Tuesday, November 26, 2013

R&D Production

R&D Production

Huh?!?  What does that title mean?  Aren’t R&D (Research and Development) and Production two separate, if not mutually exclusive, terms?  Isn’t R&D something you do separate from, and generally prior to, Production?  Doesn’t R&D mean the investigation and development of something that isn’t mature enough for production – something that may or may not eventually pan out?  Doesn’t Production mean the routine building of a known commodity?

You say your old rifle isn’t good enough anymore?  Well, you initiate an R&D program and when you have a proven design for a new rifle with the major kinks worked out of it then you begin production of that new rifle.  Seems simple, straightforward, and obvious - so obvious, in fact, that I’m beginning to bore you, right?  Talk about stating and belaboring the obvious!

Well, despite the obviousness, the Navy (and, to be fair, the military in general) seems totally unable to grasp the concept and has begun using Production as a means of implementing R&D.

The most obvious example is the LCS.  We’re producing hulls that have no purpose or capability so that we can justify an enormous and long term R&D program attempting to develop unmanned vehicles of various types as well as other far future technologies.  The Navy terms this practice “concurrent” production and design.  More accurately, it’s concurrent production and R&D.

The JSF is another good example.  We’re building an aircraft while simultaneously conducting an R&D program to develop an integrated, 360 degree sensor solution tied into a magic helmet.  We have no idea whether it will ultimately work.  It hasn’t so far and it’s unlikely to be operational for several more years, at least, yet we’re building the aircraft.

The Zumwalt is a floating R&D laboratory though the degree of R&D risk is, perhaps, a bit less than some other programs.  The very shape of the ship may or may not prove seaworthy and yet production is well underway.  The ship contains a host of developmental technologies that are not yet proven.

The Ford is intended to use radars that are still in the developmental stage even though the ship is already built.  The EMALS and AAG systems are still developmental.

The problems with this approach are many.  We’re wasting enormous sums of money building platforms and systems that, at best, will have to be extensively reworked as the designs mature and, at worst, may never pan out and will be discarded.  We risk our future combat capability with bets on technology that may not succeed.  Consider the LCS – if we can’t develop useful modules, and so far we have none despite a decade or more of R&D efforts, we may well wind up with a third of our battle fleet consisting of Coast Guard cutters.  If the Zumwalt proves unseaworthy, and the Navy is already writing guidelines to address the dangers of sailing a tumblehome hull in certain seas, we may wind up with a cruiser size, $4B ship that can’t leave calm waters.  If the JSF technologies don’t pan out we’ll have a $300B program that will have produced a near obsolete aircraft by the time it enters squadron service.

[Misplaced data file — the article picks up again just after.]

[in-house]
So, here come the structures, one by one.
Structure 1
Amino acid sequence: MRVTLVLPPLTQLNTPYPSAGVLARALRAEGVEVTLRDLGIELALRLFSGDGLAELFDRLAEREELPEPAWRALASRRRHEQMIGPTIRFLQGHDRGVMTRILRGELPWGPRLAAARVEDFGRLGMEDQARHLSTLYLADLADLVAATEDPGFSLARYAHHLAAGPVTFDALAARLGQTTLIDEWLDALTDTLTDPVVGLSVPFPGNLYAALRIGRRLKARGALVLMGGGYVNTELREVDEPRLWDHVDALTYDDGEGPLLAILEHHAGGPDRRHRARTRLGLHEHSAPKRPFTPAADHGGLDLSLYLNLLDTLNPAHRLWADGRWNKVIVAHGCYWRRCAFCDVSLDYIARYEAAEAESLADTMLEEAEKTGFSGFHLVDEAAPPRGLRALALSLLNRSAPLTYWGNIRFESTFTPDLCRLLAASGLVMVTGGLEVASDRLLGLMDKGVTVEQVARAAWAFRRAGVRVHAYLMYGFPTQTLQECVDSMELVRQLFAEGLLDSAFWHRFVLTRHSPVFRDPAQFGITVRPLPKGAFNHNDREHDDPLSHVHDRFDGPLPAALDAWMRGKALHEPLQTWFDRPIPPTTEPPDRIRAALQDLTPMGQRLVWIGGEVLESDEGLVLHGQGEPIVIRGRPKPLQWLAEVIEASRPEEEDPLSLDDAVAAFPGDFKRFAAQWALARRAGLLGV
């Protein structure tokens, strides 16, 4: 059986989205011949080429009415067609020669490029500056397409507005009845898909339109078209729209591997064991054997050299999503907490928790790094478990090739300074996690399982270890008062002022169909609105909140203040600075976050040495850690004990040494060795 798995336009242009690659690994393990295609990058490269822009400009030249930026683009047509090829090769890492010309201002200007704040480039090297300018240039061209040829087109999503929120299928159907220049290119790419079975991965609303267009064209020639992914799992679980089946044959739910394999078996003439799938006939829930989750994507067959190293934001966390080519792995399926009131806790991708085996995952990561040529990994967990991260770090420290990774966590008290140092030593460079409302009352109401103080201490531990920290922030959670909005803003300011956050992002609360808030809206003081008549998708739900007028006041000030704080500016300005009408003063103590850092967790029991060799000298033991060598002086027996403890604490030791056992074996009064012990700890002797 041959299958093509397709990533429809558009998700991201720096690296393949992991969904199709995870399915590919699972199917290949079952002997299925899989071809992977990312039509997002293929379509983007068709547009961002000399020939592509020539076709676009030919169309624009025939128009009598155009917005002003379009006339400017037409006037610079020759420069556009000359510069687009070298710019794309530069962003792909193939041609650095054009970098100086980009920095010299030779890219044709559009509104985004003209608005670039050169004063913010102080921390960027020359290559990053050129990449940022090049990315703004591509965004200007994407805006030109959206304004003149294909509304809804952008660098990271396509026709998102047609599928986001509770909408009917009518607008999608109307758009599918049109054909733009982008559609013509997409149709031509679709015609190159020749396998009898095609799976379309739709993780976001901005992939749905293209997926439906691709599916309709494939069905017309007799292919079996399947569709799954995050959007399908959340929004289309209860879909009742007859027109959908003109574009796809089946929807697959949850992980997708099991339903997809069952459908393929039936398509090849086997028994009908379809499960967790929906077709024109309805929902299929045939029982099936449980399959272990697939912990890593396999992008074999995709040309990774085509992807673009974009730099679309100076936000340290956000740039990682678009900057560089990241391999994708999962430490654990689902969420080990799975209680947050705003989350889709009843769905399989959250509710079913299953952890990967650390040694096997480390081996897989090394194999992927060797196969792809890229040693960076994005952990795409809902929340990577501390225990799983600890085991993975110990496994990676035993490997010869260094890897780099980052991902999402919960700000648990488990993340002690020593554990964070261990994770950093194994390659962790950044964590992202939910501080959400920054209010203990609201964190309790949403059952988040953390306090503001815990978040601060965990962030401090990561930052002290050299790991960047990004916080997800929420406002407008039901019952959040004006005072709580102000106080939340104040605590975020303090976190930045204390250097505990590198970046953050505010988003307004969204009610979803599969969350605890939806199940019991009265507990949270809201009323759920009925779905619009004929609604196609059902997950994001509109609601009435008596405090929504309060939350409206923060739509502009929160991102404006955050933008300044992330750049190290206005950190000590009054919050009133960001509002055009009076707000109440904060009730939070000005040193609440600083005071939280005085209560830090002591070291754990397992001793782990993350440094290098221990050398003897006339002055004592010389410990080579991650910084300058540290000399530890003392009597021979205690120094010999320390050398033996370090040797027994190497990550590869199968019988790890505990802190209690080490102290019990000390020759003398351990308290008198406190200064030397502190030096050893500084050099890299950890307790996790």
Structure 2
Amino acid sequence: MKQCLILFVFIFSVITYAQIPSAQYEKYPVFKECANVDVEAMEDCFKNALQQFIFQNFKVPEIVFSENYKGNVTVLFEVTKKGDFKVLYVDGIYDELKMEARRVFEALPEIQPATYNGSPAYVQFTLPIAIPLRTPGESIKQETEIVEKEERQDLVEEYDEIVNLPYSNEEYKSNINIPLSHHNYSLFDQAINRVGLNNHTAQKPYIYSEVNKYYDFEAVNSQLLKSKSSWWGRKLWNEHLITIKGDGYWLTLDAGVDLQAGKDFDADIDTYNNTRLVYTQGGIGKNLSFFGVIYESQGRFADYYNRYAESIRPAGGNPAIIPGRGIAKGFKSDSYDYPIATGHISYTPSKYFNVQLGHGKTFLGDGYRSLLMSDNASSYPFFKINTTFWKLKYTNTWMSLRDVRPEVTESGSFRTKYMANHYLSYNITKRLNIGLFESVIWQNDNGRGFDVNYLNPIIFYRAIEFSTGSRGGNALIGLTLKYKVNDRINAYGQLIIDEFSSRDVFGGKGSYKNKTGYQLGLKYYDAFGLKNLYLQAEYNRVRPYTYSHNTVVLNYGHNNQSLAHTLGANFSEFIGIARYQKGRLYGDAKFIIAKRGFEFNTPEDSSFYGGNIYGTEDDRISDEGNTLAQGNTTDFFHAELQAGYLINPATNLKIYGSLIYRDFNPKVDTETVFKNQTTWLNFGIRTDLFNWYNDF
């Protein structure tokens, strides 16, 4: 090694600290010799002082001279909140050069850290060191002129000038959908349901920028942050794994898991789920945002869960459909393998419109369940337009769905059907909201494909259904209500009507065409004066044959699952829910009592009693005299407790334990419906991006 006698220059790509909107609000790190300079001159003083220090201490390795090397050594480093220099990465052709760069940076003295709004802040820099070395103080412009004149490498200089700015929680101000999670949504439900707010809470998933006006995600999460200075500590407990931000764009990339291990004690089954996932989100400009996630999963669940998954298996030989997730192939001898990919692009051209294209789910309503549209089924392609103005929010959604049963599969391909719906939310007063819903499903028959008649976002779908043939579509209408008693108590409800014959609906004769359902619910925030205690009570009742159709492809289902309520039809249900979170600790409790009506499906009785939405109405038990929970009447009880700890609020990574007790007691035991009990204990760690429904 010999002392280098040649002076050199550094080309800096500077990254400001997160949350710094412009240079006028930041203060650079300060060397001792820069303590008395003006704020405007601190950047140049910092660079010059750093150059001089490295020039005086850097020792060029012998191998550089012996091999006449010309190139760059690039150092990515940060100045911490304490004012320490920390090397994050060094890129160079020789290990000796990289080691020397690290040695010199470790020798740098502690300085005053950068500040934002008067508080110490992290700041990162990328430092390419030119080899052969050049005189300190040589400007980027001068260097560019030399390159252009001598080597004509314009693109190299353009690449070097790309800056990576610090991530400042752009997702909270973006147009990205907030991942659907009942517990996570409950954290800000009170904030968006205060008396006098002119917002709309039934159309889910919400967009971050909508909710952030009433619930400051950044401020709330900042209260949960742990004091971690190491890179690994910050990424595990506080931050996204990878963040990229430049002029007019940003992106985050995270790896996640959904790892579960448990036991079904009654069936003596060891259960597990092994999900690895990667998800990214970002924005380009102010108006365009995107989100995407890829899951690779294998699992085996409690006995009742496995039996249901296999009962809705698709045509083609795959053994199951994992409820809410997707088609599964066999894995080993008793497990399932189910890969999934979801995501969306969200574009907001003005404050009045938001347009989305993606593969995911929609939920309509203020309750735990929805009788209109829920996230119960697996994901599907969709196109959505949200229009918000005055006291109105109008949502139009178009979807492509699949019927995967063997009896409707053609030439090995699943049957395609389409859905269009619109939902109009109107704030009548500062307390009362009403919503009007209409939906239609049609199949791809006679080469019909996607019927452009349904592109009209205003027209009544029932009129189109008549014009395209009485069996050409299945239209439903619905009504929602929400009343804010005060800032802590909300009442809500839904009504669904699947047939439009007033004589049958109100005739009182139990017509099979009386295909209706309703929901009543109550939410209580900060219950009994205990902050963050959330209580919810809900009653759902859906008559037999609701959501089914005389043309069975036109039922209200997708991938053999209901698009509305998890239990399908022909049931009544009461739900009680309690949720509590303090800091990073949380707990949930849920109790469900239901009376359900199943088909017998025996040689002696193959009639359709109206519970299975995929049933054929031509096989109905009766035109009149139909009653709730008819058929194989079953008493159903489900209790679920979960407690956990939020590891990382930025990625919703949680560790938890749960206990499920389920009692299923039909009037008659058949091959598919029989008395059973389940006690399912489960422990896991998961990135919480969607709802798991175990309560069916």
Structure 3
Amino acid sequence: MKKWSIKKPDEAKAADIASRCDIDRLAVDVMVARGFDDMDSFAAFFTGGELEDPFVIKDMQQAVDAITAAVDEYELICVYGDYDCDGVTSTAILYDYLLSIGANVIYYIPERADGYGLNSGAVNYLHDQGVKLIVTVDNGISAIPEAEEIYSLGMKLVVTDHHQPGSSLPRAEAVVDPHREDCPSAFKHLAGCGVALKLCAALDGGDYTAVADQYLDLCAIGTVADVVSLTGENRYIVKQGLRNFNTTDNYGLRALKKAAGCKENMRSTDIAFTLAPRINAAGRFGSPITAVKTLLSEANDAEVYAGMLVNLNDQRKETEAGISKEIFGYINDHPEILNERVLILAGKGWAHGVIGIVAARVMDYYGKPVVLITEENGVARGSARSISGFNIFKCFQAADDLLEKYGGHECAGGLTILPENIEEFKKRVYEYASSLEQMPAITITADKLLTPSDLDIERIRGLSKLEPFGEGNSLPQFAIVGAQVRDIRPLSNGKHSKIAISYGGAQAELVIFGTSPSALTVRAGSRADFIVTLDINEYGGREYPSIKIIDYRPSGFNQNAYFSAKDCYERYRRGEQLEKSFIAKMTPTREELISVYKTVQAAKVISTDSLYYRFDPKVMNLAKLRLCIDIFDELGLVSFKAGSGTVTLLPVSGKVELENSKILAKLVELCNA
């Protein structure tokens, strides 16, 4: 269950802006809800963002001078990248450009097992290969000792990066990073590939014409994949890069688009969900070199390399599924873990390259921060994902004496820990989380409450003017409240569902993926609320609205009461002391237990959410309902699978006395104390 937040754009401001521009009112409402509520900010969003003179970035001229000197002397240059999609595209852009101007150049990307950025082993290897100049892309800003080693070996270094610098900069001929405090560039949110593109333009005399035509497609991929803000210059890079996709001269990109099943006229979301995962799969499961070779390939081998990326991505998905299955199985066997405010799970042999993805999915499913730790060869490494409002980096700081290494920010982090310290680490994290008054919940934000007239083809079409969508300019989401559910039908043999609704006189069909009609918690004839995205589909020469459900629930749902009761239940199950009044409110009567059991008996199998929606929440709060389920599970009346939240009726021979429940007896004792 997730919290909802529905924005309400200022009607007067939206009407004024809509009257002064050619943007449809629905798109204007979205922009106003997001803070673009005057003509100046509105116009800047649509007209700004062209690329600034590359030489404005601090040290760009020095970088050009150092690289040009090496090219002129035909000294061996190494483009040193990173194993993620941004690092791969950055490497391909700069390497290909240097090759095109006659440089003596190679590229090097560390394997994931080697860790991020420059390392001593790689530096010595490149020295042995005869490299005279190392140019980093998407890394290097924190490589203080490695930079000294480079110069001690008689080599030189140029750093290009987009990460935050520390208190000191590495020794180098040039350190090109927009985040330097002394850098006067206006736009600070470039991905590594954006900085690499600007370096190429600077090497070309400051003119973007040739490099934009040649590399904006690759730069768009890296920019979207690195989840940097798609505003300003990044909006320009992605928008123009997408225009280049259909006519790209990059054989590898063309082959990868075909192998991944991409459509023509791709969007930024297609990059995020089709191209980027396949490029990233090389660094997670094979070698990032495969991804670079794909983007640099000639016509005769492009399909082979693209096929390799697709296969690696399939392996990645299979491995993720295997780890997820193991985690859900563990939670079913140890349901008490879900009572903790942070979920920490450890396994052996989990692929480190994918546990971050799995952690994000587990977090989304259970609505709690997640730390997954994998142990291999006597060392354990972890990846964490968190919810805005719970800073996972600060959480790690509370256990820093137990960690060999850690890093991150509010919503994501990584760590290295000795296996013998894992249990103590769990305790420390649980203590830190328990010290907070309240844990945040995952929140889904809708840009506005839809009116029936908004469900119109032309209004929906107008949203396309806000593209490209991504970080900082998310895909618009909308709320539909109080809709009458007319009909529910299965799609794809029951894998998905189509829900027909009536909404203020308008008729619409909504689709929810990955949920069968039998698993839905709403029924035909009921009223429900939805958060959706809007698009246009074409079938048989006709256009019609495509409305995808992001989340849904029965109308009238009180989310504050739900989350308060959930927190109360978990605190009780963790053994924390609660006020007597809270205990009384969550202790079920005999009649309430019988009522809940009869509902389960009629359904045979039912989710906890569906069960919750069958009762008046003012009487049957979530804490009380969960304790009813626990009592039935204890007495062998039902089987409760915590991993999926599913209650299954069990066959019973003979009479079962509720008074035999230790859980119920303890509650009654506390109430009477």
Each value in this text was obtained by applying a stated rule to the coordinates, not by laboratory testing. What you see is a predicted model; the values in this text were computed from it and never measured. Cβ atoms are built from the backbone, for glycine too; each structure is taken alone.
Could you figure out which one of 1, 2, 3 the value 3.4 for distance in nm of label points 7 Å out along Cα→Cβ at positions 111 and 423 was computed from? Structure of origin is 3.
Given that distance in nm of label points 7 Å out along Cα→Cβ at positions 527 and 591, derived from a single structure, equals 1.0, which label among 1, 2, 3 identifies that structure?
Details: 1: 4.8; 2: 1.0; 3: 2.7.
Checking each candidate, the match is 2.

The sequence of R&D followed by Production is a time-tested and proven concept.  Concurrent R&D and Production is one more example of the endless string of very poor decisions and practices implemented by uniformed leadership over the last few decades.  The military desperately needs a return to common sense and time-tested procedures.


  1. I would add that with sequestration and a general attitude in the US towards reduced military spending (something that was pretty much off the table for the last 10 years), US DoD needs to come to understand that these gold plated, top of the line, over budget and continually delayed projects are huge targets for cuts and cancellations. We need to be far more realistic with what is needed by the fleet and what can be achieved within Navy budget for construction/procurement, not some kind of Santa Claus wish list....this goes for the other services as well.

  2. R&D also requires prototypes, lots and lots of prototypes, to do all your testing. Congress does not want to pay for all of these prototypes, so the answer is for the military to "fudge" and go with concurrency. Essentially LRIP is your prototypes.

    The only way to test the DDG-1000 is to actually build the ship, put the guns on it, and see what happens. Yes all of the systems were tested individually on shore for a long time. But there is still no replacement for sea trial.

    Look how many F-35s are currently flying and they are still massively behind on testing. If they did not have all these extra platforms they would be even further behind on test.

    The real truth is that R&D is very expensive if you want to push the capabilities the way the military does. Either you fund all this R&D up front and be honest about your plan to spend 2-3 billion on technology that may never pan out or you call it concurrency and hope for the best.


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